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FOOD
April 2, 2009
Beans better battered Green beans are so slender and snappy, I've always thought of them as Mother Nature's french fries. The concept takes a giant leap foward into the fryer, though, with these amazingly addictive beer-battered beans at Prohibition Taproom, the hiply hidden 13th Street gastropub in the "loft district" from the folks behind nearby Cafe Lift. It isn't simply the fact of frying that makes them so good - it's the tenacious cling of the crust and the sneaky cayenne sparkle that lights the floral and bitter hops of the I.P.A.
FOOD
December 17, 2009
The ever-improving Sidecar Bar, a pioneering gastropub in Graduate Hospital, took another step forward this fall with the addition of chef Brian Lofink. Formerly co-chef at Matyson off Rittenhouse Square, Lofink hasn't upscaled Sidecar's inventive bar fare so much as tweaked it with better ingredients. His nachos - usually a dish I dread - were an irresistible example. The gooey jack cheese has been replaced with a genuine Mexican melter - asadero. The salsa, a green tomatillo zinger studded with pineapple, jalapeño, and cilantro, was inspired by Lofink's brief stint with Bobby Flay.
FOOD
April 24, 2015 | By Craig LaBan, Inquirer Restaurant Critic
First in an occasional series spotlighting the city's great restaurant neighborhoods. For an interactive map and a complete list of East Passyunk Avenue restaurants, bars, and cafes, go to  philly.com/epunk In the nervous moments just before Paradiso debuted, chef Lynn Rinaldi and her father, Daniel, looked out onto East Passyunk Avenue and waited. A car didn't pass for 20 minutes. "Did you do the right thing here?" he asked his daughter, whom he raised a few blocks away.
NEWS
June 4, 2012 | Craig LaBan
Just because "Alla Spina" means "from the tap" doesn't mean those taps only stream with beer. At Marc Vetri's new gastropub, there are also plans to start pouring kegged local wines on draft sometime soon. But while the official details are still being ironed out, beverage director Steve Wildy decided to make good use of his Cornelius homebrewer soda kegs to start pouring Negroni cocktails on draft, too. This classic Italian cocktail of Campari, sweet vermouth, and gin (Bluecoat in my house)
FOOD
June 11, 2009
The big guys are finally catching on that consumers want better-tasting, lower-calorie, higher-fiber alternatives to sandwich bread. Pepperidge Farm offers these 100-calorie flat rolls: good toasted with hummus or grilled for paninis. Available in whole wheat, oatmeal, and seven grain. If you need a beer primer to keep up with the crew at the latest gastropub (and who doesn't in brew-crazy Philly?), turn to a new book from local writer Lynn Hoffman for a tasty draft of advice. The Short Course in Beer (Künati)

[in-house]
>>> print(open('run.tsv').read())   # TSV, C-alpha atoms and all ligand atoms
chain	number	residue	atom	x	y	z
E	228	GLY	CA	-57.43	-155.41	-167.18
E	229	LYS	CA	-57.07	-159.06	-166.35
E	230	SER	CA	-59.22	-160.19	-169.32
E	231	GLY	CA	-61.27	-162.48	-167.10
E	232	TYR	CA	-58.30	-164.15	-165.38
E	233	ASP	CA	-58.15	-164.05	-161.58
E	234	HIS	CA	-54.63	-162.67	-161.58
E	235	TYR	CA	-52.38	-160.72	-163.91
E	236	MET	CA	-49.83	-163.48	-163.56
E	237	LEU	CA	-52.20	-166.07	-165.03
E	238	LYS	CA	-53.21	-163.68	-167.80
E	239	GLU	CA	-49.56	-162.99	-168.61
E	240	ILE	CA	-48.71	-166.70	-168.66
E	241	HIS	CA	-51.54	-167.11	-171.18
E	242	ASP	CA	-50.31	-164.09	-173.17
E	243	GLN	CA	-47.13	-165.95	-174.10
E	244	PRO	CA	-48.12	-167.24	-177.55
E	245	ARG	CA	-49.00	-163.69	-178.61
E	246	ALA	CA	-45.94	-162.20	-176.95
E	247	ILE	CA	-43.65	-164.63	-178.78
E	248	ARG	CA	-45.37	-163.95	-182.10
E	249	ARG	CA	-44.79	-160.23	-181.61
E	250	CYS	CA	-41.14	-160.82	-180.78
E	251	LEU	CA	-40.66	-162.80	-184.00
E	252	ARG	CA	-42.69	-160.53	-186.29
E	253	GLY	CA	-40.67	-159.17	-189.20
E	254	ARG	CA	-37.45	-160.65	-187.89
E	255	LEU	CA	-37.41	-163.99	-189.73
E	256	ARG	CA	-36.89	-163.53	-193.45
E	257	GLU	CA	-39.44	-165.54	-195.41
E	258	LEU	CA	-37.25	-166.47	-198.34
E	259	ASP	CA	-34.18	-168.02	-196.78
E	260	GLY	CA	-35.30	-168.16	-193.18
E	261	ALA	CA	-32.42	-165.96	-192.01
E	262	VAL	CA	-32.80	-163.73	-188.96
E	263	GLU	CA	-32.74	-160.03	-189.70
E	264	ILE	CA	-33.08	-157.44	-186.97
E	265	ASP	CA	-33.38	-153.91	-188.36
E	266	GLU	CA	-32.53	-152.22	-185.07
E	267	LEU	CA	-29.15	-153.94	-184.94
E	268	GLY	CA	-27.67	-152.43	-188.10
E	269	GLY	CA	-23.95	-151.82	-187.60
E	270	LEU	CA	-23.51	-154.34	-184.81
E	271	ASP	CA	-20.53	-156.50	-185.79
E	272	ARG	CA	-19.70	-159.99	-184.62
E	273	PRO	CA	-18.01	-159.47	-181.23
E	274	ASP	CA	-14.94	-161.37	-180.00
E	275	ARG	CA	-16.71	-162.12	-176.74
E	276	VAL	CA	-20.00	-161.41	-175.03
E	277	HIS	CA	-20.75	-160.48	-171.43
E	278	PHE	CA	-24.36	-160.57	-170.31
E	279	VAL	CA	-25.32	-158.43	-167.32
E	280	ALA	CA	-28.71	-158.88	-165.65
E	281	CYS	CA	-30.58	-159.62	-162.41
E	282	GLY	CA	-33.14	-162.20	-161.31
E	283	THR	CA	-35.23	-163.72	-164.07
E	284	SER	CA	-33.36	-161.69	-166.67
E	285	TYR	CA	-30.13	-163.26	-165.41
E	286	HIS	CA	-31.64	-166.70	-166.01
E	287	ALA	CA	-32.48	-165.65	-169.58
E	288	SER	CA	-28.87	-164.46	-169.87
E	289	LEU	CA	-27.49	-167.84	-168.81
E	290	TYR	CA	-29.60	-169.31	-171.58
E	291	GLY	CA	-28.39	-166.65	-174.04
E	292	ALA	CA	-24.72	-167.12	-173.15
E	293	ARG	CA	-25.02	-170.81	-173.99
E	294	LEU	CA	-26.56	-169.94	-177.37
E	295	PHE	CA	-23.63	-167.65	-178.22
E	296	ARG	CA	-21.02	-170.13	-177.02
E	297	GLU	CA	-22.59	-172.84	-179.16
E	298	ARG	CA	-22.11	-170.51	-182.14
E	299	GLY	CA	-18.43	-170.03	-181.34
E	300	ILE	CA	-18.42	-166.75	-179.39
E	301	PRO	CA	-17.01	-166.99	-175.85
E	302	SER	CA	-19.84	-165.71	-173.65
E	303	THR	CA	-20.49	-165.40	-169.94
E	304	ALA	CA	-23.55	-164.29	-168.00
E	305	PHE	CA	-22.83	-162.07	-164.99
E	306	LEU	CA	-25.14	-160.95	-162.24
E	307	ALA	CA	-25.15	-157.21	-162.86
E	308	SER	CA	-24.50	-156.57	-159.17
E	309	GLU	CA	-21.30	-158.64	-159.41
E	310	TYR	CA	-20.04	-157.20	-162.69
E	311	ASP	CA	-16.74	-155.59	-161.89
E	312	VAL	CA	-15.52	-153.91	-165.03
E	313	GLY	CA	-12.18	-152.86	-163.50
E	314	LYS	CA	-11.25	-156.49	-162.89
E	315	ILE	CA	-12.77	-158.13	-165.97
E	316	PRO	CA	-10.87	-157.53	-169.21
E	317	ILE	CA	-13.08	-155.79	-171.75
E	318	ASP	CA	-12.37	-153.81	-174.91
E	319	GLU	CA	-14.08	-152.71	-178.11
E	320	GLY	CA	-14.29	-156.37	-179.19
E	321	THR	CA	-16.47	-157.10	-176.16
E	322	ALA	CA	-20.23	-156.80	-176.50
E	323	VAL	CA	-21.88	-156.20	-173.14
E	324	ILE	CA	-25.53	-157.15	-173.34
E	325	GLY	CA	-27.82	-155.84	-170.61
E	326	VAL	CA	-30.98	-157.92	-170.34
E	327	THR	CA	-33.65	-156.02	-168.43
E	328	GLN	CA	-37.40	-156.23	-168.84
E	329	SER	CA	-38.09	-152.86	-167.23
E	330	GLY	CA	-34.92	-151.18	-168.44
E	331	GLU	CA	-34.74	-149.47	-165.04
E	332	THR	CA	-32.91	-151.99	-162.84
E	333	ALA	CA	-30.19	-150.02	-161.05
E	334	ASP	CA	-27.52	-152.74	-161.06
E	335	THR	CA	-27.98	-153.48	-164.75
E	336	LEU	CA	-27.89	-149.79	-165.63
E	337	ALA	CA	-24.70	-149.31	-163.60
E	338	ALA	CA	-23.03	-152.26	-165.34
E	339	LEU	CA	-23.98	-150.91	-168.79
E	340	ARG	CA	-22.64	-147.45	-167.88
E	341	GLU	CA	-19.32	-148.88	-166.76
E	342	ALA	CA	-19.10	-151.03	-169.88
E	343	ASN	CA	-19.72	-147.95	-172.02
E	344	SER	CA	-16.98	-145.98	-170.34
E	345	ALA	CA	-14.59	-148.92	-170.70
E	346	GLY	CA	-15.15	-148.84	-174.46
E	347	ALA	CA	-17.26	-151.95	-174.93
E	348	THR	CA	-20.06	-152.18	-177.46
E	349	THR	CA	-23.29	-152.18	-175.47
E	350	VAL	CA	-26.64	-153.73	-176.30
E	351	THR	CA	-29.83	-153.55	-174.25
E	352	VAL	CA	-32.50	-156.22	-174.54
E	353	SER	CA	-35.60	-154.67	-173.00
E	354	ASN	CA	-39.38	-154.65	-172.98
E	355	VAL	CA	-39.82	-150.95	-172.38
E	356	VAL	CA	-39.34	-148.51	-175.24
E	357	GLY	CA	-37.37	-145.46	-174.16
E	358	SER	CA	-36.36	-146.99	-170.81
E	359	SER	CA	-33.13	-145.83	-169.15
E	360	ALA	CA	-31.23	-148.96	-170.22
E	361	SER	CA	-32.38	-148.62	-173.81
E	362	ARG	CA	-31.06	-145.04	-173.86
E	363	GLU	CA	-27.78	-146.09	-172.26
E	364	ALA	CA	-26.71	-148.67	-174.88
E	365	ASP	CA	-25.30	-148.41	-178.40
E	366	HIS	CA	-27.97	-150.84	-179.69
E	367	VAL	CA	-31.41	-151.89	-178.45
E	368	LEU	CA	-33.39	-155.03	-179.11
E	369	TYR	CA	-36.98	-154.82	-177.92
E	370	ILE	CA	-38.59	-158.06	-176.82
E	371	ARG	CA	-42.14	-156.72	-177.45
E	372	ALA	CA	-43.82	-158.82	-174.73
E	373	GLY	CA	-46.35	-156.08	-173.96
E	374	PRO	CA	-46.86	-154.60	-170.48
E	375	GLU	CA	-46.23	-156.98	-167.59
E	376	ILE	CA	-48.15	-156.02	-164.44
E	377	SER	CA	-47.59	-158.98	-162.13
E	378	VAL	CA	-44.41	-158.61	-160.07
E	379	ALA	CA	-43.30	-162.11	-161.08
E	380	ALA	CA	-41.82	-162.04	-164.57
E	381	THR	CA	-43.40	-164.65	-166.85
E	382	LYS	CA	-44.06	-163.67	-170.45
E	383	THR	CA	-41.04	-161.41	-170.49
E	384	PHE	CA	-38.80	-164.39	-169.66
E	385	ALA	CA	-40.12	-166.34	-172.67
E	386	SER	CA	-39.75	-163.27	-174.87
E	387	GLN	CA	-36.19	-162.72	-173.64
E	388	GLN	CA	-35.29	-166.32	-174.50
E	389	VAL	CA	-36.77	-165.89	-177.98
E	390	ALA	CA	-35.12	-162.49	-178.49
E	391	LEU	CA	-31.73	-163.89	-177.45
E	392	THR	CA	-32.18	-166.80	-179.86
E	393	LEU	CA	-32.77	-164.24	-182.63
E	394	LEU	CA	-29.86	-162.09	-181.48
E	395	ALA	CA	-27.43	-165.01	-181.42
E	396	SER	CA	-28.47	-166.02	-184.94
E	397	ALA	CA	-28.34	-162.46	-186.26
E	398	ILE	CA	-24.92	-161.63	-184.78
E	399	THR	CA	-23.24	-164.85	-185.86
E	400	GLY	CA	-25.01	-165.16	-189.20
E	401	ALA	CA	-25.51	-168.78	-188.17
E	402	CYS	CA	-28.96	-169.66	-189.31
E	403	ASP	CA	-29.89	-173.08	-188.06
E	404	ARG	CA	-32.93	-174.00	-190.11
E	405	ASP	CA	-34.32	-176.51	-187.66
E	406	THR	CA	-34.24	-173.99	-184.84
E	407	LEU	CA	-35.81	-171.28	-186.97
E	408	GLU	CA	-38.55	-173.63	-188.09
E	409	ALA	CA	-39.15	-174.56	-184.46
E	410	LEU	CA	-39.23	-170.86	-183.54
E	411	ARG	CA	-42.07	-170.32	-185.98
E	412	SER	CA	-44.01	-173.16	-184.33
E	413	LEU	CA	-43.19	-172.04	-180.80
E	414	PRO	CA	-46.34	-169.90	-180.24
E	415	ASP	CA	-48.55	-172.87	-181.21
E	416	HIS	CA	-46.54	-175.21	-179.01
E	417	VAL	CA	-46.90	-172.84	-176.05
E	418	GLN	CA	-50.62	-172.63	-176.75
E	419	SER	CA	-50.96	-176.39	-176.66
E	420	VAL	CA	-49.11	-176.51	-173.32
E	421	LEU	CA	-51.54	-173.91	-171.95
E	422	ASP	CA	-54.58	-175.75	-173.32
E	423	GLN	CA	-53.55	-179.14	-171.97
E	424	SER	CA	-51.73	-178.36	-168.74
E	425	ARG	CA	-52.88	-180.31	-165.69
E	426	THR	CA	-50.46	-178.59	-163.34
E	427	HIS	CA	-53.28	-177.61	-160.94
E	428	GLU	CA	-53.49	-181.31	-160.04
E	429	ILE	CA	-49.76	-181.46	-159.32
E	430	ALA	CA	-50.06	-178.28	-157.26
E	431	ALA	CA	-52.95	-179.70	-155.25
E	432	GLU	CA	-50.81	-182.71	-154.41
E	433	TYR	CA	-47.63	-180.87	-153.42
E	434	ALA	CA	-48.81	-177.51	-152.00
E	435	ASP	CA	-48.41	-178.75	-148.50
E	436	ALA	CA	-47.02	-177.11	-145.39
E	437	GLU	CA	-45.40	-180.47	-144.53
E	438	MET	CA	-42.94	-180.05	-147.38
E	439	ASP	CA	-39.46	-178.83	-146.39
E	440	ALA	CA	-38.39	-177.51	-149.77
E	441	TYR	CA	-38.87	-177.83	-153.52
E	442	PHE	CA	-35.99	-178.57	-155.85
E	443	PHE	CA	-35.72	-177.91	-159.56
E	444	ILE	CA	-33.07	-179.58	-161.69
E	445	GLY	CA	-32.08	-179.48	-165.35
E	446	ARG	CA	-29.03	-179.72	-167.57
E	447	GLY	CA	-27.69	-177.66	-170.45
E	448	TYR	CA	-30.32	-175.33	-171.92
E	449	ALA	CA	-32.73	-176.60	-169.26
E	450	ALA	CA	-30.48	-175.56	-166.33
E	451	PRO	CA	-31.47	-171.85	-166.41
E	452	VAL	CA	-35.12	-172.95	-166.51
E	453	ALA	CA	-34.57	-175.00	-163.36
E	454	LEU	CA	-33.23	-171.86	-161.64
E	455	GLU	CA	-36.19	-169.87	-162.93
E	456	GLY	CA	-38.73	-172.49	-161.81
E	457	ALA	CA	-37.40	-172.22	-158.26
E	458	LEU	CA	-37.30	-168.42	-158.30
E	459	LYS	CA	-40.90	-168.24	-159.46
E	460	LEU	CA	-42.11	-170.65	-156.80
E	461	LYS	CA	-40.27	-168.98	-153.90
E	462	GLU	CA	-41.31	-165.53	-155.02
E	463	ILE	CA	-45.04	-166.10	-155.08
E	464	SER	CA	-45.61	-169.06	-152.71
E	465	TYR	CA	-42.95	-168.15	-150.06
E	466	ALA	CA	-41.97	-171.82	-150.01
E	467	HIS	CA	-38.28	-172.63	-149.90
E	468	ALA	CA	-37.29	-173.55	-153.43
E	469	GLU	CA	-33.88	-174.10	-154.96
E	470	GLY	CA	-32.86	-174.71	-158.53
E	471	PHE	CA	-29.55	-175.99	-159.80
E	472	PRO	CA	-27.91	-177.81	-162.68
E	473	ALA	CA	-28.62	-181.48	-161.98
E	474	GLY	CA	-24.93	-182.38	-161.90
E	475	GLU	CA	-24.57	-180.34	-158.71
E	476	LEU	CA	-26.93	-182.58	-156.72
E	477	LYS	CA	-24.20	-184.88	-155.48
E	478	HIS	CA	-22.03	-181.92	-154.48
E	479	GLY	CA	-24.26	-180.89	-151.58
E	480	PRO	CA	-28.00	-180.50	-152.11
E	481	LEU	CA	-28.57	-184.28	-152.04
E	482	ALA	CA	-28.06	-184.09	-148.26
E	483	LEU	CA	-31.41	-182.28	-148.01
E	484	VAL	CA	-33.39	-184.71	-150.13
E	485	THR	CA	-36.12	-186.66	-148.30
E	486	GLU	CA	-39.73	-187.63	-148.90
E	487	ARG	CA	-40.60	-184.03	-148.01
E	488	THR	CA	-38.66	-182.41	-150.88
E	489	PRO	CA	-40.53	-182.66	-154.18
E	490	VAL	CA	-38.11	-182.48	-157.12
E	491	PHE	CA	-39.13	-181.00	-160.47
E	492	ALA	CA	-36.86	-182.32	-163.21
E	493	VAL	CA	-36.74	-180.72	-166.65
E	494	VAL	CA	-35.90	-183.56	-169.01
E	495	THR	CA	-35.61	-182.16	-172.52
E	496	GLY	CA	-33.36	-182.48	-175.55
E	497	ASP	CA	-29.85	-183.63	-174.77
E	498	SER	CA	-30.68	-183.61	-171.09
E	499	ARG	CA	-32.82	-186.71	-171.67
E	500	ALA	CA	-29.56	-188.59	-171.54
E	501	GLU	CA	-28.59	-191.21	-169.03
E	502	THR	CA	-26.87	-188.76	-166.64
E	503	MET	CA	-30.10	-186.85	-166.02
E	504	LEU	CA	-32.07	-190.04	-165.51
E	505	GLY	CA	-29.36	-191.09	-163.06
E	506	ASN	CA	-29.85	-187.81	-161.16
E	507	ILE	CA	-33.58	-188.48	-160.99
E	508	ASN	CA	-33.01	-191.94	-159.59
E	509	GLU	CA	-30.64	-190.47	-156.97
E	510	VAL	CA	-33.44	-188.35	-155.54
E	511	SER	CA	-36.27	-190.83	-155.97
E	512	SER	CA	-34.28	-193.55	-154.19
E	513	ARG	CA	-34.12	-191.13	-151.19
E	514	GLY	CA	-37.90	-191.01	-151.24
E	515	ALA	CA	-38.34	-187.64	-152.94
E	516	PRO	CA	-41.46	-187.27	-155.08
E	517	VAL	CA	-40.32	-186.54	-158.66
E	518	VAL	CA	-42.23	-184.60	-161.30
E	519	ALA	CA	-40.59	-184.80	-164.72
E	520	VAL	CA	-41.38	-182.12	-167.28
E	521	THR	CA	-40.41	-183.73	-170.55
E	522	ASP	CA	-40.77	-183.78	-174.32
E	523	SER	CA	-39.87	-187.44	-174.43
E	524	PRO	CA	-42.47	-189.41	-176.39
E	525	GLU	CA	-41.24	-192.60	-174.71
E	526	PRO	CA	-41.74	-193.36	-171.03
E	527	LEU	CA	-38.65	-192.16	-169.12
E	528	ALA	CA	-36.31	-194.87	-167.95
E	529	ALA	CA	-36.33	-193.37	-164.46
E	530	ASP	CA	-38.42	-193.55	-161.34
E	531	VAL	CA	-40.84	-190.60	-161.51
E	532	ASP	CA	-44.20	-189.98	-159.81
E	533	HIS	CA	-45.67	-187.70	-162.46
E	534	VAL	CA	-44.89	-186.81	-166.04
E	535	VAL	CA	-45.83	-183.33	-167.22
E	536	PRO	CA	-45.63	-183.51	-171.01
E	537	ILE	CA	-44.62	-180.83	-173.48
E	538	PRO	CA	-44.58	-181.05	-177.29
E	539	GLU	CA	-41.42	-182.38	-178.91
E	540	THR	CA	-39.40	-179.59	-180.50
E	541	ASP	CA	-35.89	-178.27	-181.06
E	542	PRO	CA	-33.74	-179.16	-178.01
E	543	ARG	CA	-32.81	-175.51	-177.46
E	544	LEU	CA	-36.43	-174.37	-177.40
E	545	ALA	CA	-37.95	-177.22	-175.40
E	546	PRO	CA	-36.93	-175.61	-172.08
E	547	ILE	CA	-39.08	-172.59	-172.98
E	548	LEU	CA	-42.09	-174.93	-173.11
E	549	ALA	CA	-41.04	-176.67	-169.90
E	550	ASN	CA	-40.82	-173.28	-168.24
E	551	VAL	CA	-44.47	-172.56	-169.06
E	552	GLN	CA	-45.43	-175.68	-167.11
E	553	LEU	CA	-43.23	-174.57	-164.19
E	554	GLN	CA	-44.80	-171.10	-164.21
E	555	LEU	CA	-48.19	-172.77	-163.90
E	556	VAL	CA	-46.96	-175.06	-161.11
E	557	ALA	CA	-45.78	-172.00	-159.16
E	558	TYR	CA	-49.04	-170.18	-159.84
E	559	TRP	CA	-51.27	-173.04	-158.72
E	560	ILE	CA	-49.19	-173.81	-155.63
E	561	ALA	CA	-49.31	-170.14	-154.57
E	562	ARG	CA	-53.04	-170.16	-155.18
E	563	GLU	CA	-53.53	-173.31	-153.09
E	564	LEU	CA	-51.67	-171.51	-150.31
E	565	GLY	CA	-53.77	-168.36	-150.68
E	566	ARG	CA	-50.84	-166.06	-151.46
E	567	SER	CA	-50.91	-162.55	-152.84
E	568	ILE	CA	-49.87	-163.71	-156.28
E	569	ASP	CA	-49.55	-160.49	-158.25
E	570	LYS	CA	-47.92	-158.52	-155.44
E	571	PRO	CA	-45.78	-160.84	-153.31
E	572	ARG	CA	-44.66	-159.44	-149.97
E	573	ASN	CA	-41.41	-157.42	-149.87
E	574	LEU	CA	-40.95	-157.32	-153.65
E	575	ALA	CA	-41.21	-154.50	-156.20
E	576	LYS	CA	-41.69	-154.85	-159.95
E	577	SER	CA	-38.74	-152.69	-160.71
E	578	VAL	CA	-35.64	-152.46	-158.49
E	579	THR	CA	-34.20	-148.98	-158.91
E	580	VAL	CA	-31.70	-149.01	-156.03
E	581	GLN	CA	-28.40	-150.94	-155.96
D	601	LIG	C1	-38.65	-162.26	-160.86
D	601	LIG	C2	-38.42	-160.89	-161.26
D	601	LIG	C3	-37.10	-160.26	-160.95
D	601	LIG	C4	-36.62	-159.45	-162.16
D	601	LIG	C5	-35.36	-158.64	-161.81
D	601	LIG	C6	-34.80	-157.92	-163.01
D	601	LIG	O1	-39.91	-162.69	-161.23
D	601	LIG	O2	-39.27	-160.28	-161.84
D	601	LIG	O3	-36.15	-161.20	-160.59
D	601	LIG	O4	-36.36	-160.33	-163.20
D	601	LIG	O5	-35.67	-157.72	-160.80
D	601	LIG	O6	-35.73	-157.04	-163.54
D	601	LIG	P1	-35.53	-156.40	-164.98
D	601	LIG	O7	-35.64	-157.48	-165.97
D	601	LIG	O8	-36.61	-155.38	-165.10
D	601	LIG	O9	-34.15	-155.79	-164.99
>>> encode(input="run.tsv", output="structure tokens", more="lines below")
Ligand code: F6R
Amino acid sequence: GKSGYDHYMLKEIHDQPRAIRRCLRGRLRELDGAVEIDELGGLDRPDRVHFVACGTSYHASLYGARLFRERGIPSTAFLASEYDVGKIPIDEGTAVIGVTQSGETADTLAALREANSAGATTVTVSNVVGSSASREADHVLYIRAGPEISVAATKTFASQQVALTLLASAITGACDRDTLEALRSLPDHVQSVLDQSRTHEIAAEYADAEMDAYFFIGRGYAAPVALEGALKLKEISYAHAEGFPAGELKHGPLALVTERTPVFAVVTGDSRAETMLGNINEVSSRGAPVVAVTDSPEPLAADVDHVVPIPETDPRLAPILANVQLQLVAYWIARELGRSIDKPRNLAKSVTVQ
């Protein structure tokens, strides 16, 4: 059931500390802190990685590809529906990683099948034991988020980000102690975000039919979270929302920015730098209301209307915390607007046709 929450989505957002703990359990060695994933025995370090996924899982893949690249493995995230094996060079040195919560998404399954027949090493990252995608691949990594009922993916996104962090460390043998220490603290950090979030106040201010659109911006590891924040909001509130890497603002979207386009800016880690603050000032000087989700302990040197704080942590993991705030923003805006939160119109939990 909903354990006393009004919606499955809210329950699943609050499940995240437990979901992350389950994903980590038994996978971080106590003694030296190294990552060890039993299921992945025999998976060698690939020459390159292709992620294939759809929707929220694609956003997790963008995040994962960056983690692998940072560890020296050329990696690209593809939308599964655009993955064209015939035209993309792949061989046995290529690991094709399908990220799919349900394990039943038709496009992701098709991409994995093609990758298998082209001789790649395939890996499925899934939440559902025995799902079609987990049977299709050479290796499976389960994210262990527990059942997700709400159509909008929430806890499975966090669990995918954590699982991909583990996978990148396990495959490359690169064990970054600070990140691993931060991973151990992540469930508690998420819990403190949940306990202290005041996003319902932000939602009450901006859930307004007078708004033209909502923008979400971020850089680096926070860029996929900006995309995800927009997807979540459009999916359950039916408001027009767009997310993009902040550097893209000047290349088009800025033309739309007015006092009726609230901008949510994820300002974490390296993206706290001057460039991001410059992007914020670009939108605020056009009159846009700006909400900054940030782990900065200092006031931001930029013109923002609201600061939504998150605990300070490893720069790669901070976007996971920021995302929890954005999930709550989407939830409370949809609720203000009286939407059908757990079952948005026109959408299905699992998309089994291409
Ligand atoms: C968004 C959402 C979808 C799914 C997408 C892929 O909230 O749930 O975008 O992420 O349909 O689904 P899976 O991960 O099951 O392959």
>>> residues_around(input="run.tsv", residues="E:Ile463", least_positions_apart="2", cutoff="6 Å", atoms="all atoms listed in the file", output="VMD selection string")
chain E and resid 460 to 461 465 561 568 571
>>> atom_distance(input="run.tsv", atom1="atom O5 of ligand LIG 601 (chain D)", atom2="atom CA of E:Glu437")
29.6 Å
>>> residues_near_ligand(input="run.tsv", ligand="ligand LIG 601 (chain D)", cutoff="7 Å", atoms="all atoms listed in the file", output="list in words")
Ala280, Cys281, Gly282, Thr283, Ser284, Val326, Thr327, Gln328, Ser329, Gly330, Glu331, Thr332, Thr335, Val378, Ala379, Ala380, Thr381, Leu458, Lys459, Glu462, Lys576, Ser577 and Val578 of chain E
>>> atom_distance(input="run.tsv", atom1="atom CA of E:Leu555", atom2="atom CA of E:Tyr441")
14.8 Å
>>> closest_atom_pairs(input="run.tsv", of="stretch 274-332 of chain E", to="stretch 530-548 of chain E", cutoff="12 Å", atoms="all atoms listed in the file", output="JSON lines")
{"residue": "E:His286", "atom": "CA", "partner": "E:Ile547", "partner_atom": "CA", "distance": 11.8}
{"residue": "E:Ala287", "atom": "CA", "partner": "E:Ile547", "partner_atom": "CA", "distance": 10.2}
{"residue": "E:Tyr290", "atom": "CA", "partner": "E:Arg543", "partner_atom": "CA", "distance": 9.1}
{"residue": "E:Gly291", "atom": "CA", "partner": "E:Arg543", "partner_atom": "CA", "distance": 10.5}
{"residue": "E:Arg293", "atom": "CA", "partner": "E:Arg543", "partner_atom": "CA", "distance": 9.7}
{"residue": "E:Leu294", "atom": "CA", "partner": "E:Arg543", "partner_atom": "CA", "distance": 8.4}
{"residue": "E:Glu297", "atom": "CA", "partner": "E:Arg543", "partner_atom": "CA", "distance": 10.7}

FOOD
May 28, 2009
There is mystery and magnetism to a cheese that won't melt, but instead turns golden and crispy on the griddle. And I've always been drawn to such grillers, like Cypriot haloumi, brandy-flamed Greek saganaki, or smoked Italian scamorza. My new favorite, though, is queso fresco from El Abuelito, a North Jersey producer making Mexican cheese in the Puebla style. Queso fresco is soft, fresh and salty (which prevents oozing under heat), and comes as a compressed cake of grainy curds that resembles a dry ricotta.
FOOD
March 6, 2008 | By Michael Klein, Inquirer Columnist
There's a new look at 12th and Sansom Streets these days for Finn McCool's Ale House (118 S. 12th St., 215-940-6506). The Sourias family, which bought the corner shot-and-a-beer and the building several years ago, closed it last summer and gutted it. The Irish-style pub on the first floor, with requisite exposed bricks and woods, has 16 brews on tap. Chef Miguel Leon, formerly of Mixto and Havana, does a moderately priced pub menu from 11 a.m....
FOOD
January 22, 2009 | By Michael Klein, Inquirer Columnist
Alison at Blue Bell (721 Skippack Pike, Blue Bell, 215-641- 2660), which shut down in September as chef-owner Alison Barshak devoted her time to building her Alison two in Fort Washington, will reopen Feb. 5. Aside from new paint and carpet, the most noticeable change will be the menu, migrating from contemporary American to Mediterranean, reflecting chef Anthony Bonett's Italian heritage. He'll make his own pasta. The price point will drop, with dishes ranging from $5 to $22. It will serve dinner only on Thursday, Friday and Saturday nights, offering wine by the glass and beer by the bottle.
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